These photos will have you booking the next flight to Israel
Landscape photographer Noam Chen's HDR photos shed a colorful light on Israel's cities and landscapes.
Noam Chen's journey into photography started in his backyard, National Geographic photography guide in hand. Now, his photos have been published in National Geographic and displayed from Jerusalem to Paris, and with good reason: they're bright, captivating and beautifully composed.
Chen purchased his first professional camera to document endangered species in zoos across Europe, teaching himself the basics of wildlife photography and practicing at home.
"Eventually two of my photos of endangered species I documented on this trip ended up being published in National Geographic magazine," Chen told From The Grapevine.
Then Chen discovered a kind of photography technique that makes colors pop, called HDR (High Dynamic Range) imaging, and he was hooked. HDR photography uses a combination of frames with different settings, resulting in a photo that showcases all the brightest, darkest and most colorful components of a scene. "When you realize the benefits of using this technique, and learn how to moderately use it, it's a great advantage," Chen said.
Chen has packed up his camera and traveled extensively from his home in Tel Aviv to countries throughout Europe (including his favorite nature scenes in Switzerland) and across the sea to New York, Los Angeles and Montreal.
Still, the incomparable nature of Israel keeps Chen coming back. "The fusion of different cultures and influences is something that is very eminent here," Chen said.
We picked out our favorite photos from his collection and asked Chen to describe the experience capturing each one:
"This was taken during a particularly cold night in Jerusalem, just before a snowstorm hit," Chen said. "I loved the lights reflecting on the road along with those of the trains passing through. It wasn't easy, but totally worth it."
Chen said that of all the places in Israel, Jerusalem is his muse. "It's something that you feel in the air when you get to Jerusalem," he said. "Even though I've worked there numerous times, every time I discover something new."
"This was taken while working on a real estate project, when suddenly I spotted this small flower in the midst of it all, with this background that made it look glowing," Chen said. "It was a classic moment of when your eyes lead the way."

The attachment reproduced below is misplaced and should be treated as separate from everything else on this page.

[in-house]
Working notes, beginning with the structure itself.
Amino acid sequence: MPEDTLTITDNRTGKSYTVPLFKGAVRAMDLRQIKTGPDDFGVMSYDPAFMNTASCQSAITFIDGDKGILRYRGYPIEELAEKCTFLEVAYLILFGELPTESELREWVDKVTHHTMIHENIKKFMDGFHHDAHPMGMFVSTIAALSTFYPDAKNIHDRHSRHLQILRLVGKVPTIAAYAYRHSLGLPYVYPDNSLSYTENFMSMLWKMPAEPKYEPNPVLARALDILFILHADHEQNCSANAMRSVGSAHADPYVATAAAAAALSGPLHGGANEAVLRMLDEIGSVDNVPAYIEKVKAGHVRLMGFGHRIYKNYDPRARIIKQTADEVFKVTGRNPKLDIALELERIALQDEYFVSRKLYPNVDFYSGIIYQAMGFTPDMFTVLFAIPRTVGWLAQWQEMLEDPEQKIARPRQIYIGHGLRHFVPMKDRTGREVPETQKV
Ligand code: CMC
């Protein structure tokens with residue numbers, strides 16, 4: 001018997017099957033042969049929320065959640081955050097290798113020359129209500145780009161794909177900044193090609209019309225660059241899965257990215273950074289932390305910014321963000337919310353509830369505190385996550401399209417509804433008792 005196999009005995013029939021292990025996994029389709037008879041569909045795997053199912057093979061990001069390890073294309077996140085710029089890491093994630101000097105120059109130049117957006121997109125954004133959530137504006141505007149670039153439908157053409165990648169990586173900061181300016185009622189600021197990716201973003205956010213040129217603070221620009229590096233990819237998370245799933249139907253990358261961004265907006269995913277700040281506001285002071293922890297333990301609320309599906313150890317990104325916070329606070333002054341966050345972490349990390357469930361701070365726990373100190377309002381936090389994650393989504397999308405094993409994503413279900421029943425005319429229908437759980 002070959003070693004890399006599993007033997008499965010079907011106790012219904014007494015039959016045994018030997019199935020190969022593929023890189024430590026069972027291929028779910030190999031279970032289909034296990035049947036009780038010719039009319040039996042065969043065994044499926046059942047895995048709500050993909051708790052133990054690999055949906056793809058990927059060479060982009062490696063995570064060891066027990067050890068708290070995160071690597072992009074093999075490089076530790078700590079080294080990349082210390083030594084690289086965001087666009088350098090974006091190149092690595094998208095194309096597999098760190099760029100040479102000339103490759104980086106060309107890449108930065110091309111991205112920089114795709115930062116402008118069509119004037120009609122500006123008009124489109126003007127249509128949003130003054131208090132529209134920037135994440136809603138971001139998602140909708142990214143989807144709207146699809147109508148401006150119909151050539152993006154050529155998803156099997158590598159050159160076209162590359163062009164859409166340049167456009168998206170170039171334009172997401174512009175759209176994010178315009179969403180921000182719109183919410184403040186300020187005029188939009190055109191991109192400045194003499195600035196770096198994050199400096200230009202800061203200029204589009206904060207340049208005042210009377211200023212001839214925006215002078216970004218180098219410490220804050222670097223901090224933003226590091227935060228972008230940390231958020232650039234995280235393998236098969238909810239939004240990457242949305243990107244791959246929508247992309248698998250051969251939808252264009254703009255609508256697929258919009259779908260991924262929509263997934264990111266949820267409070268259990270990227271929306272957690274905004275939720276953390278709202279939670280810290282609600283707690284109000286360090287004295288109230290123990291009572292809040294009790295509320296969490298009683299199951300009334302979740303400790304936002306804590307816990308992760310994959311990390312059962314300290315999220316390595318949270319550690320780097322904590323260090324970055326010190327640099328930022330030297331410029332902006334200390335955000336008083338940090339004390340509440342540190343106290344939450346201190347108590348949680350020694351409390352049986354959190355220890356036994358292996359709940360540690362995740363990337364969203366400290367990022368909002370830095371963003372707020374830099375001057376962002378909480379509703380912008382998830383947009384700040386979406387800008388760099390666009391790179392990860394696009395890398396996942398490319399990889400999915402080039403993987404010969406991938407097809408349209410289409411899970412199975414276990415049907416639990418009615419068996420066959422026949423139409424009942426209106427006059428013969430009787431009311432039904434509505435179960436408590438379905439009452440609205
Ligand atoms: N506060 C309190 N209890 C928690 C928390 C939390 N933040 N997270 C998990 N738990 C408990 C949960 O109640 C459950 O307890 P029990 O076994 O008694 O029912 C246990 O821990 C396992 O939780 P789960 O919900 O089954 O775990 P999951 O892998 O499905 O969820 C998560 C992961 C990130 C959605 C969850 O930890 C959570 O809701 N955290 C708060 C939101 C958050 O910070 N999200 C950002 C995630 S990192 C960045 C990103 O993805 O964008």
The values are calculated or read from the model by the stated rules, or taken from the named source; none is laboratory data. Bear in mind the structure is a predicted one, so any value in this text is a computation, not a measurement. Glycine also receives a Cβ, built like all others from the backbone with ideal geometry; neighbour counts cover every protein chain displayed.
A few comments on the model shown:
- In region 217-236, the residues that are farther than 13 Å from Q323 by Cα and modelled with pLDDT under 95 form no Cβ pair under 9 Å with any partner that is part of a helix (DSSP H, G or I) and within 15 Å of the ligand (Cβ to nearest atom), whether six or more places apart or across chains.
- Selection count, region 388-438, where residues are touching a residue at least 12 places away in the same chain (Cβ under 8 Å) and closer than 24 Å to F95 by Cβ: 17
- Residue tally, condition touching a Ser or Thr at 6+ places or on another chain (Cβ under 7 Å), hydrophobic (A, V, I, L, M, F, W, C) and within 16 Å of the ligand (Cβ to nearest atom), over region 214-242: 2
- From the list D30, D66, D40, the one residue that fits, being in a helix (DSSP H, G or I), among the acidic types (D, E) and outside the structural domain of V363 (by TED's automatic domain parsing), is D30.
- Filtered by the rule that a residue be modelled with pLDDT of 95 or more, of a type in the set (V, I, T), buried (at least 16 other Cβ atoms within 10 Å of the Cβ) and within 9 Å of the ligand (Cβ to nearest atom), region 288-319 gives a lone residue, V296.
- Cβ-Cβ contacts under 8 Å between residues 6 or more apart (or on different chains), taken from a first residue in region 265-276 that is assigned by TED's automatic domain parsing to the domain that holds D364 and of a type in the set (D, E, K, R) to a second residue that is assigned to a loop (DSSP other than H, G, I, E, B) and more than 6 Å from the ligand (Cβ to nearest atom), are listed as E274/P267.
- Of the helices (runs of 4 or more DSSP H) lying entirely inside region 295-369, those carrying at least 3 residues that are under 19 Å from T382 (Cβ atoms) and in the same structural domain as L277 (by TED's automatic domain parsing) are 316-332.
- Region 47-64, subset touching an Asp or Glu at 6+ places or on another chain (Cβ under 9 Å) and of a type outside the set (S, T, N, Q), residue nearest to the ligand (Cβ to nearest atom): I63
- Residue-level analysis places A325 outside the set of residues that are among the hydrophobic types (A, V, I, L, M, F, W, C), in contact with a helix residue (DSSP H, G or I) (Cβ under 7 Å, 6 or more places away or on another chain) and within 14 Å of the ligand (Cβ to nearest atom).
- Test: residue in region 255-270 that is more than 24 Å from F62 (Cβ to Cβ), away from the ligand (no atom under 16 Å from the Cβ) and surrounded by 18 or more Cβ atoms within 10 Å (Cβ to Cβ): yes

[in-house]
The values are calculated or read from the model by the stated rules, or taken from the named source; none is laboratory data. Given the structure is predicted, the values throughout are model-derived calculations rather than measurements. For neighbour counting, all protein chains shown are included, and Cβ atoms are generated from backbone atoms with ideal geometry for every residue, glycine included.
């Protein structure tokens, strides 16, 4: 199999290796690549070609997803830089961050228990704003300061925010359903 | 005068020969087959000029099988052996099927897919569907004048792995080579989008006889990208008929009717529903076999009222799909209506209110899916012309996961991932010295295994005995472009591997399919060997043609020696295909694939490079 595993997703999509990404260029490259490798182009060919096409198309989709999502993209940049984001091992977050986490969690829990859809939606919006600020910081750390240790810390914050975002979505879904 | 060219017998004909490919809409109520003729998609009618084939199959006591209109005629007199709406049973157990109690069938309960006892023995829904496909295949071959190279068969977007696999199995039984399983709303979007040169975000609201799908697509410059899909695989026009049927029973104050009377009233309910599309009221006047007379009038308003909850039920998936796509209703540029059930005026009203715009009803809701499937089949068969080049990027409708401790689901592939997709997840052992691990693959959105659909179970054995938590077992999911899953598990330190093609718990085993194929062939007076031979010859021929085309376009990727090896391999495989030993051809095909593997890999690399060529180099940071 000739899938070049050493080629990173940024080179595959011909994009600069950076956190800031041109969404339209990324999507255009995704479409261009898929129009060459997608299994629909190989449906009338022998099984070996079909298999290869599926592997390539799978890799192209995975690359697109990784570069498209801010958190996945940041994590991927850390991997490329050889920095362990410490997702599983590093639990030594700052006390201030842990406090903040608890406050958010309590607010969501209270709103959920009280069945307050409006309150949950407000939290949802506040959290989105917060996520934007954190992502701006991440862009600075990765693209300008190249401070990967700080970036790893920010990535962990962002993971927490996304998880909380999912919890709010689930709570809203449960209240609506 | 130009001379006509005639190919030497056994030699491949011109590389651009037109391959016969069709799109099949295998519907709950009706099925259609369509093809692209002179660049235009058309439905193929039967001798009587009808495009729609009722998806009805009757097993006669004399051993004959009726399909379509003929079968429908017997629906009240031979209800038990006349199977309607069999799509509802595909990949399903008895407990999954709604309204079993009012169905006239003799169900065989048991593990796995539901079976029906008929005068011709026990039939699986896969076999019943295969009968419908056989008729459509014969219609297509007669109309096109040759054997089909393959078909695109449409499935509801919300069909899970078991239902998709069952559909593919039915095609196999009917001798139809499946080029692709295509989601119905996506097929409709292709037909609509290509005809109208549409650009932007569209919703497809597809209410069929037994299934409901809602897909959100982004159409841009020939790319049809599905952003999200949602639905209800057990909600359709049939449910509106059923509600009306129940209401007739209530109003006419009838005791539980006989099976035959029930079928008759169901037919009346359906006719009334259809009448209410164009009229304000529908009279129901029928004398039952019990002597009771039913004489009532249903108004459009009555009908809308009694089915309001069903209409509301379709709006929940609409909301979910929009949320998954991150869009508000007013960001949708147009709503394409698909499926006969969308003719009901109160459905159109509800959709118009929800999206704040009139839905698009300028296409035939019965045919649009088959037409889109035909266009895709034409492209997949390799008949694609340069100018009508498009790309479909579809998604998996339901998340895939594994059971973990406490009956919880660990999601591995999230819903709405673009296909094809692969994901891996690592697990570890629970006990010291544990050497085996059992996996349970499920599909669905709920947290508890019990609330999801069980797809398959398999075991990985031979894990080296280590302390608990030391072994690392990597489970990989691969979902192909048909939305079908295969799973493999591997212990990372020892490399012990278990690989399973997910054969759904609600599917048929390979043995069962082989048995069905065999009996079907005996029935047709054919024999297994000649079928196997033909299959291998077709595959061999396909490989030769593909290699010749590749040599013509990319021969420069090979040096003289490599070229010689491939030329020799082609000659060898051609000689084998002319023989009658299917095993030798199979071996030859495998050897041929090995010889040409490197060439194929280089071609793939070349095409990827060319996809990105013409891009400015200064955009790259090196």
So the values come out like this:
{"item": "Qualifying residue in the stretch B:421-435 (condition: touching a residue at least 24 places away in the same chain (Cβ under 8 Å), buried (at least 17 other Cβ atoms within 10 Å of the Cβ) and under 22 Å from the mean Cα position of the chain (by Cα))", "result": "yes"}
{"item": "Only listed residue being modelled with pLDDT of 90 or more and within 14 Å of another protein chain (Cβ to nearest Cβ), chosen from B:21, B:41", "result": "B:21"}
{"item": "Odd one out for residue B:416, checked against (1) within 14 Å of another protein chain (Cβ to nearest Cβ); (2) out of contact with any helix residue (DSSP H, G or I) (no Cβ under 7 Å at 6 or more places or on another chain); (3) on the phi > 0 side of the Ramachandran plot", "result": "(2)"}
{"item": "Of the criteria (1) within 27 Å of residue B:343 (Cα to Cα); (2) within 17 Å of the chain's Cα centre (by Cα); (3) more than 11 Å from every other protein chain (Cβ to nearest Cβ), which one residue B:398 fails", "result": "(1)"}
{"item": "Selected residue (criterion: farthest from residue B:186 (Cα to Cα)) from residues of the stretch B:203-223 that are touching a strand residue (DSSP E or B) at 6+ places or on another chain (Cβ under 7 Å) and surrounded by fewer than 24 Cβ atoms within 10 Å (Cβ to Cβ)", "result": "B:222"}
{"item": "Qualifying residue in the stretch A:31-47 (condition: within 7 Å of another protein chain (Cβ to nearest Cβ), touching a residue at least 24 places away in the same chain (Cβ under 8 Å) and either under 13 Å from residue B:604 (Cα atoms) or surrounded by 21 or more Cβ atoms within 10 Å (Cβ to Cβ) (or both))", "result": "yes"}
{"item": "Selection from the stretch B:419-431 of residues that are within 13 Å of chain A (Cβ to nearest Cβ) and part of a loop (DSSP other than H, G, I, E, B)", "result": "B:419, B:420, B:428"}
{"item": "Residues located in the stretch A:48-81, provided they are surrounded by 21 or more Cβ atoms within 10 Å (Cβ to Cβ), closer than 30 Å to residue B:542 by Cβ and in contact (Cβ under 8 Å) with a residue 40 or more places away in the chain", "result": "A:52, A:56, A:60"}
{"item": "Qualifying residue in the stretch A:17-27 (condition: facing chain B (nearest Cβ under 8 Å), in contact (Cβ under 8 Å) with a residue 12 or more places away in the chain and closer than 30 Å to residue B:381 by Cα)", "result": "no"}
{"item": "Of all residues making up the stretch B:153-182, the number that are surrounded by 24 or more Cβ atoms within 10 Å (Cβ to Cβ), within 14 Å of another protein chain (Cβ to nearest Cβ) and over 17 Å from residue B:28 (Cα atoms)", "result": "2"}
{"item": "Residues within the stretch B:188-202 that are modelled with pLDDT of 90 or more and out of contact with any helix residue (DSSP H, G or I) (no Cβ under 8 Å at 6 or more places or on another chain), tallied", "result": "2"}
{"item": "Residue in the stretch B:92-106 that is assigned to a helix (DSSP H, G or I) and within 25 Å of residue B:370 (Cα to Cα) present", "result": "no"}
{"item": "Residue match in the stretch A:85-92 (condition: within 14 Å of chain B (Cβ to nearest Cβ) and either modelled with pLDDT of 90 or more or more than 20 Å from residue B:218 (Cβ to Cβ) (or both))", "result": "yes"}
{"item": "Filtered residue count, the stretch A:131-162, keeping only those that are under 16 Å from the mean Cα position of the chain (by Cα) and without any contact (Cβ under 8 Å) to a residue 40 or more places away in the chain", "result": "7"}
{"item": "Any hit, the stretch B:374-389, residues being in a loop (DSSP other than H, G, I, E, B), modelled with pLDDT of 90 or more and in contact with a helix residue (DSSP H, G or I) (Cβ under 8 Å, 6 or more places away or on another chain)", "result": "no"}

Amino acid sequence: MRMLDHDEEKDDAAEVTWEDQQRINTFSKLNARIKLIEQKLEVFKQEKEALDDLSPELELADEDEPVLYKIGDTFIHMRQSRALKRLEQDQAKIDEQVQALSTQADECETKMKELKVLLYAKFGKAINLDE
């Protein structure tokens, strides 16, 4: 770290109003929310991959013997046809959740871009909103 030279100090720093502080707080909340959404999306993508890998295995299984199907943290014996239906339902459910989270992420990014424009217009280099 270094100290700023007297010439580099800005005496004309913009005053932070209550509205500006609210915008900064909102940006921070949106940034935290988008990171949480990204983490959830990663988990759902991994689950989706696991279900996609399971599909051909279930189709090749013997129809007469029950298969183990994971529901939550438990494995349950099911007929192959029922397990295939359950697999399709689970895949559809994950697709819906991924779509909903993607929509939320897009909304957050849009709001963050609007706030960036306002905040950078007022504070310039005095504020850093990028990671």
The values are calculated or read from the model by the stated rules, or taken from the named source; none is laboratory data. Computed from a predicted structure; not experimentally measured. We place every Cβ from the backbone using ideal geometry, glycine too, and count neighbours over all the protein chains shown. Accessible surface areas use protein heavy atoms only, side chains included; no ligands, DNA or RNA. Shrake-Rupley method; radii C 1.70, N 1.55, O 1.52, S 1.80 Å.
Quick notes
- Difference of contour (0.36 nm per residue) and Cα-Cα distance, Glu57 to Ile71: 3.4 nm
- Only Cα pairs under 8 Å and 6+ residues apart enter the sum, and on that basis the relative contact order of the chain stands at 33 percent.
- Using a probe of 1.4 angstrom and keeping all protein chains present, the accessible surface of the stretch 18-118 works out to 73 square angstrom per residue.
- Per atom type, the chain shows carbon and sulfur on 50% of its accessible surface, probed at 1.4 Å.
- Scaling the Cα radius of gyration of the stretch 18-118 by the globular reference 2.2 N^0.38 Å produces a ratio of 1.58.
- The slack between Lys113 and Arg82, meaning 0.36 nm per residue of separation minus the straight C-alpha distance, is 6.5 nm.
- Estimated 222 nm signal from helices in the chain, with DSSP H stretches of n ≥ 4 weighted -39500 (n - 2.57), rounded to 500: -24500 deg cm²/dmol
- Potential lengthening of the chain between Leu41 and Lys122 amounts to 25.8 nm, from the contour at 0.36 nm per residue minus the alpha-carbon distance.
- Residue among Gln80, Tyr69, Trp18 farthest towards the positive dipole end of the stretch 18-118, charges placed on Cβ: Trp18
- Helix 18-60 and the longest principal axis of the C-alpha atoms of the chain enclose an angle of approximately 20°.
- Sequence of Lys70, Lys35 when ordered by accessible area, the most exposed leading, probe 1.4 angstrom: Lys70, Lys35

"This was the first time I went to document the spring blooming of anemones in the forests of the Negev," Chen said. "To be surrounded by a sea of red flowers was just magical."
"This is the golden combination of both pre-planning and luck," Chen said. "A very rainy few days guaranteed a raging waterfall, but to catch a rainbow that day was only a matter of luck."
"I actually first spotted this sight when I didn't have my camera with me," Chen said. "The reflection and colors of these futuristic-like skyscrapers were irresistible to me and I knew I had to come back the day after to take this shot."
"I got to Hula Lake Park just before sunrise to observe the migrating birds. which park there every year during autumn," Chen said. "The slow appearance of the sun, with the loud sound of the birds, was a pure experience of nature."
"I heard that the supermoon was about to appear in our skies and immediately started thinking of an interesting place to capture it," Chen said. "I thought the refineries of Haifa would make for a unique location."
Moving forward, Chen has potential exhibitions coming up in the U.S. and Europe. Though his sights are set across the globe, he keeps his roots in mind.
"[I will] continue to do my best to showcase the beautiful side of Israel to the world," he said, "and hopefully the best is yet to come."
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